“I gotta say one thing: fuck Harvard!” This was the first thing Sacha Baron Cohen said when he walked on stage at the screening of his new movie, The Brothers Grimsby.
One day later, as he walked over to the table I shared with two college reporters in a busy Four Seasons Hotel dining room, wearing street clothes, I breathed a sigh of relief. The actor is famous for appearing in public in character, from the press events for 2006’s Borat to his appearance at this year’s Academy Awards as Ali G (which was not planned; he snuck his costume into the venue’s bathroom) — so I was very happy to see that I would be asking questions of him rather than Nobby, the main character of The Brothers Grimsby. The interviews, along with the screening, were part of his first press event out of character.
Sacha Baron Cohen is tall, with black spiked hair and glasses. He speaks deliberately and eloquently in a deep British accent, a far cry from the voices of his famous movie characters. He introduced himself to me and the other reporters (from Emerson College and Boston University) and asked what colleges we were from. When I answered “MIT,” he responded, “Well la-di-da.”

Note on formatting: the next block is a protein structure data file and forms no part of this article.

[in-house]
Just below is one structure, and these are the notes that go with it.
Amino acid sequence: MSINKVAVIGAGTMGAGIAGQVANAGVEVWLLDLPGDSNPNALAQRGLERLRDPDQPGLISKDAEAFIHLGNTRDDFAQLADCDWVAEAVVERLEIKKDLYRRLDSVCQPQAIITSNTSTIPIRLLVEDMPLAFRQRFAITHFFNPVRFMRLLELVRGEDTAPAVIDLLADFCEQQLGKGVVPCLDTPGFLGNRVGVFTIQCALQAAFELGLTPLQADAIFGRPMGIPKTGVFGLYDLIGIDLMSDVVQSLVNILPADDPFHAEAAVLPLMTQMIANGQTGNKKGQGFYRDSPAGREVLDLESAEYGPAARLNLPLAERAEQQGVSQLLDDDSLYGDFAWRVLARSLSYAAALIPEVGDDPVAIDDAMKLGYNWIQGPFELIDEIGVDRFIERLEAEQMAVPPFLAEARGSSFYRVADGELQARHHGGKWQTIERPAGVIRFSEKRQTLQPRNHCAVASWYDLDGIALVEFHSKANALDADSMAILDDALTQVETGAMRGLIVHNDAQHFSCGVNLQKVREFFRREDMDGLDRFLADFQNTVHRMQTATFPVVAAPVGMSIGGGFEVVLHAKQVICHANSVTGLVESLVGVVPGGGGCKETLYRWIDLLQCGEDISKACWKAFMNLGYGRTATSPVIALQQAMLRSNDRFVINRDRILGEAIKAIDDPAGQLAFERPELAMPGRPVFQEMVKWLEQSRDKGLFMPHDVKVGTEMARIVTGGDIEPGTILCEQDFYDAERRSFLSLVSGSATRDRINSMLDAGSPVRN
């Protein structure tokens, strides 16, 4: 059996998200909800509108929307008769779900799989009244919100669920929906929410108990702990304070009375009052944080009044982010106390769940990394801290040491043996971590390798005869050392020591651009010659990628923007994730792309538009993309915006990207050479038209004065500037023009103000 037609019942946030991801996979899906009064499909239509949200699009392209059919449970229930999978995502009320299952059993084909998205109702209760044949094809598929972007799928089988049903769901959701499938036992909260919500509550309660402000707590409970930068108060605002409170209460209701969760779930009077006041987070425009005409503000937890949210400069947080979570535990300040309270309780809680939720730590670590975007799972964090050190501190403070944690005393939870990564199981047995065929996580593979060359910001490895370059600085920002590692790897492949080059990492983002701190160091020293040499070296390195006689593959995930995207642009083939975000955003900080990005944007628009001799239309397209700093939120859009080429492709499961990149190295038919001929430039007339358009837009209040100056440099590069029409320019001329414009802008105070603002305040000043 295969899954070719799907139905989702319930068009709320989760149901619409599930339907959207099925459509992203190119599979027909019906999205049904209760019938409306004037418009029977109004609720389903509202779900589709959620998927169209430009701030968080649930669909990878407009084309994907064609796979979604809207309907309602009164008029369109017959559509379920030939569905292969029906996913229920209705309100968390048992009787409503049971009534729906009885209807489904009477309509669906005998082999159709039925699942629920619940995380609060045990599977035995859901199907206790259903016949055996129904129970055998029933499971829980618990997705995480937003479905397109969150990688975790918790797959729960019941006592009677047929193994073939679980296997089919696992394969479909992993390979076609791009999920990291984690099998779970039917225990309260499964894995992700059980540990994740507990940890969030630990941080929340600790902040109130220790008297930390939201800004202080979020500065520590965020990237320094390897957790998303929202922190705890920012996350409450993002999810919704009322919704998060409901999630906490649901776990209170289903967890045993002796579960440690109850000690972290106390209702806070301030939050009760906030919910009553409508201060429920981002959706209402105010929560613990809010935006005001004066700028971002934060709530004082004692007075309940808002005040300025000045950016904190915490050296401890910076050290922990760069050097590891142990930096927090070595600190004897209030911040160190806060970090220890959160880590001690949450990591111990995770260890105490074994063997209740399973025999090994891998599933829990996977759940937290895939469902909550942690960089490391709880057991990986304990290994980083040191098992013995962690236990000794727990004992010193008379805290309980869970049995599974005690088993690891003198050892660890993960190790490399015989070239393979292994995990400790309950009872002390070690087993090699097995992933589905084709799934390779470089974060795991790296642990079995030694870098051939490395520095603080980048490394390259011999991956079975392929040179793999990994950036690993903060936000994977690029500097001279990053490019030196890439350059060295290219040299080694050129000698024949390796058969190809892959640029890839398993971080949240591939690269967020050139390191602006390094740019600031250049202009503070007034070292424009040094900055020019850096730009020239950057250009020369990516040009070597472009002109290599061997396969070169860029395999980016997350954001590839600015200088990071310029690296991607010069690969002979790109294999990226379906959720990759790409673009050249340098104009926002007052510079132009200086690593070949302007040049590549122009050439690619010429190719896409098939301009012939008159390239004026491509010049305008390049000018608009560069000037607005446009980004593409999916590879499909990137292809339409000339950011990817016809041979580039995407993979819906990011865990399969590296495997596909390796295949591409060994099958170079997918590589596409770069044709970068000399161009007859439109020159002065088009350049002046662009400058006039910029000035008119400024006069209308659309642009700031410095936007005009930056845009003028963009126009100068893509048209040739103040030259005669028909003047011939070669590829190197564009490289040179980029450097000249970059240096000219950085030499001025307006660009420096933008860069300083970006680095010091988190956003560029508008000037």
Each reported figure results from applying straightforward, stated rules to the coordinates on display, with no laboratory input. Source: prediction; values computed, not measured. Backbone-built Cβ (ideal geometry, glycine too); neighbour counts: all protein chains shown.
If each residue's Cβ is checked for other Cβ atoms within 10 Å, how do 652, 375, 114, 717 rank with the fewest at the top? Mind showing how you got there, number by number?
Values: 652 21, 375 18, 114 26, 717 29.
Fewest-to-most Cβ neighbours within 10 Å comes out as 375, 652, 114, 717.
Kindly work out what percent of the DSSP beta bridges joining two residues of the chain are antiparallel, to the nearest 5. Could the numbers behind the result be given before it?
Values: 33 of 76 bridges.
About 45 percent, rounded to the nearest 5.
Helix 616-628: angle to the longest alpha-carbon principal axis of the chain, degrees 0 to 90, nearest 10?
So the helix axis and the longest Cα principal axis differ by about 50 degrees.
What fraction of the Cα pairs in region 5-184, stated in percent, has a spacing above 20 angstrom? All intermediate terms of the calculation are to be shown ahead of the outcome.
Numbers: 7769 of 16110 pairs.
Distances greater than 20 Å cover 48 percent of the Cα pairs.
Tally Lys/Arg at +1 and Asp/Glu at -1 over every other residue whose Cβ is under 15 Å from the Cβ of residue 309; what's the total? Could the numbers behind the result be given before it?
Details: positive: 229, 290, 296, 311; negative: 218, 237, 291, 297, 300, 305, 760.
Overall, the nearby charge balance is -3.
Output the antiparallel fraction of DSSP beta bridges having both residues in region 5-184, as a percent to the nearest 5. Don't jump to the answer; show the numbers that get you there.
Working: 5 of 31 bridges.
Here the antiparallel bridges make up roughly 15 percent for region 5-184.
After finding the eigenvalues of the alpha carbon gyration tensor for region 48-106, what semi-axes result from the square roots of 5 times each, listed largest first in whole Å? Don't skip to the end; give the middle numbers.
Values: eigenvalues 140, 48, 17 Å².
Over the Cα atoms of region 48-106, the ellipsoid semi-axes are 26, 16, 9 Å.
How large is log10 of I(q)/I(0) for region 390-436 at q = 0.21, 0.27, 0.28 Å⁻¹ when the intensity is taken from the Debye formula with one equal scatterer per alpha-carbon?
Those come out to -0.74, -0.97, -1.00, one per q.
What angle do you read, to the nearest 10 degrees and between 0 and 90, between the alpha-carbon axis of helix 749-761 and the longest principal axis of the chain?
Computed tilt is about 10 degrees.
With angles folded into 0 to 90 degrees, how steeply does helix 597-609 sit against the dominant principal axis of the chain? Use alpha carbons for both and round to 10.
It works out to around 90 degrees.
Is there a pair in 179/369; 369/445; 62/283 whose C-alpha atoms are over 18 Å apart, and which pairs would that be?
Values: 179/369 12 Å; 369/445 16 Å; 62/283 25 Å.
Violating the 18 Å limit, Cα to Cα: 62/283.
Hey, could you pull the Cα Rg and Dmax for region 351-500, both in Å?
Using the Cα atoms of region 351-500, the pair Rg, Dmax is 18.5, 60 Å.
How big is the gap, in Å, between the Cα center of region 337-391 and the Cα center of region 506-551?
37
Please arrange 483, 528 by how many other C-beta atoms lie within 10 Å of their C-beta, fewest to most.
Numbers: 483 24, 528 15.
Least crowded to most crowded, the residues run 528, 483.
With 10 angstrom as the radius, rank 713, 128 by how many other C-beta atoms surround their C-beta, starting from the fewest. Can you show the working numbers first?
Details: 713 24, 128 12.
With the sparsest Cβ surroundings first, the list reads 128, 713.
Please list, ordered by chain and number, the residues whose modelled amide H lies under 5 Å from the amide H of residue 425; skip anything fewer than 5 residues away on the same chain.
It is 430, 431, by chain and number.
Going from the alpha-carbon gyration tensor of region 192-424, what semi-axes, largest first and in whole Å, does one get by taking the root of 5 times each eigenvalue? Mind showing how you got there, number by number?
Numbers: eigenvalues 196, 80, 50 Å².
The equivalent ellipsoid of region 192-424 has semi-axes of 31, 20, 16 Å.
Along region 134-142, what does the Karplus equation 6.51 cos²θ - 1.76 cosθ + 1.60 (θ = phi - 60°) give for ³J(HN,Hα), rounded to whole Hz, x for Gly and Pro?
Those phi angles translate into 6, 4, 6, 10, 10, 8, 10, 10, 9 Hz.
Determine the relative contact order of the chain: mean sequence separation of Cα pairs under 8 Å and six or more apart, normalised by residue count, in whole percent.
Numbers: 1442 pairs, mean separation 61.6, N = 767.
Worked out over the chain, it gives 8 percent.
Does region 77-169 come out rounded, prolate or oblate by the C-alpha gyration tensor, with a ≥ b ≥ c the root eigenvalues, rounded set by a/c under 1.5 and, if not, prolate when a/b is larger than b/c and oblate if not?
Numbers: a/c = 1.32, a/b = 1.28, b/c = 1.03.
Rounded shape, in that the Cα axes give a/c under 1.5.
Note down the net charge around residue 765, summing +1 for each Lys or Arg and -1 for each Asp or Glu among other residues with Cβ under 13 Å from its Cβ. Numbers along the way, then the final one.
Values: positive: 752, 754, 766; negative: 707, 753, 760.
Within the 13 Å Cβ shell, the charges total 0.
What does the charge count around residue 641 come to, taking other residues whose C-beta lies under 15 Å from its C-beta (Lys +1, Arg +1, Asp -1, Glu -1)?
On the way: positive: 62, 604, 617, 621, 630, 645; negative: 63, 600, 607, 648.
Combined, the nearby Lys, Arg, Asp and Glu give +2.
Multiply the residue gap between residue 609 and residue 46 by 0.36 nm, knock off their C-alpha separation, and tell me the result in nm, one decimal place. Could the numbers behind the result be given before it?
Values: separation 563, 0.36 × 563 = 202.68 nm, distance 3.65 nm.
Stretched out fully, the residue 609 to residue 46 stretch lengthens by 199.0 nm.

BU Daily Free Press: Brüno and Borat are old characters of [yours] — where’s the inspiration for Nobby?
Baron Cohen: Well, what happened was this guy who wrote Wreck-it Ralph, Phil Johnson, came into the office and pitched this idea, which was James Bond’s brother. My immediate response was, “Who’s the best guy to act as a foil to a James Bond-type that could create havoc for him on the road?” So I thought, “What are the common attributes of these action heroes?” Generally, they’re lacking in any empathy, they’re ruthless murderers, they’re often alcoholics, they use violence toward everyone, they have no loving relationships. They’re basically misogynistic, and they are almost monosyllabic.
You can work out who’s the opposite of that character. Somebody who’s full of love, who has real relationships, who has kids, who’s nostalgic, who cannot stop talking, and somebody who’s kind of from a lower stratum of society. A complete embarrassment for his brother. Then, you kind of work it out logically: okay, this kind of guy would be a good comic foil to him. It all sounds quite mathematical, and less funny, doesn’t it? Doesn’t sound very funny. That’s the problem with comedy, it becomes very unfunny when you’re talking about it.
The Tech: You’ve always been pretty immersed in your roles. Do you think Nobby was a character that you got as much into, or did it feel more like a role you were playing?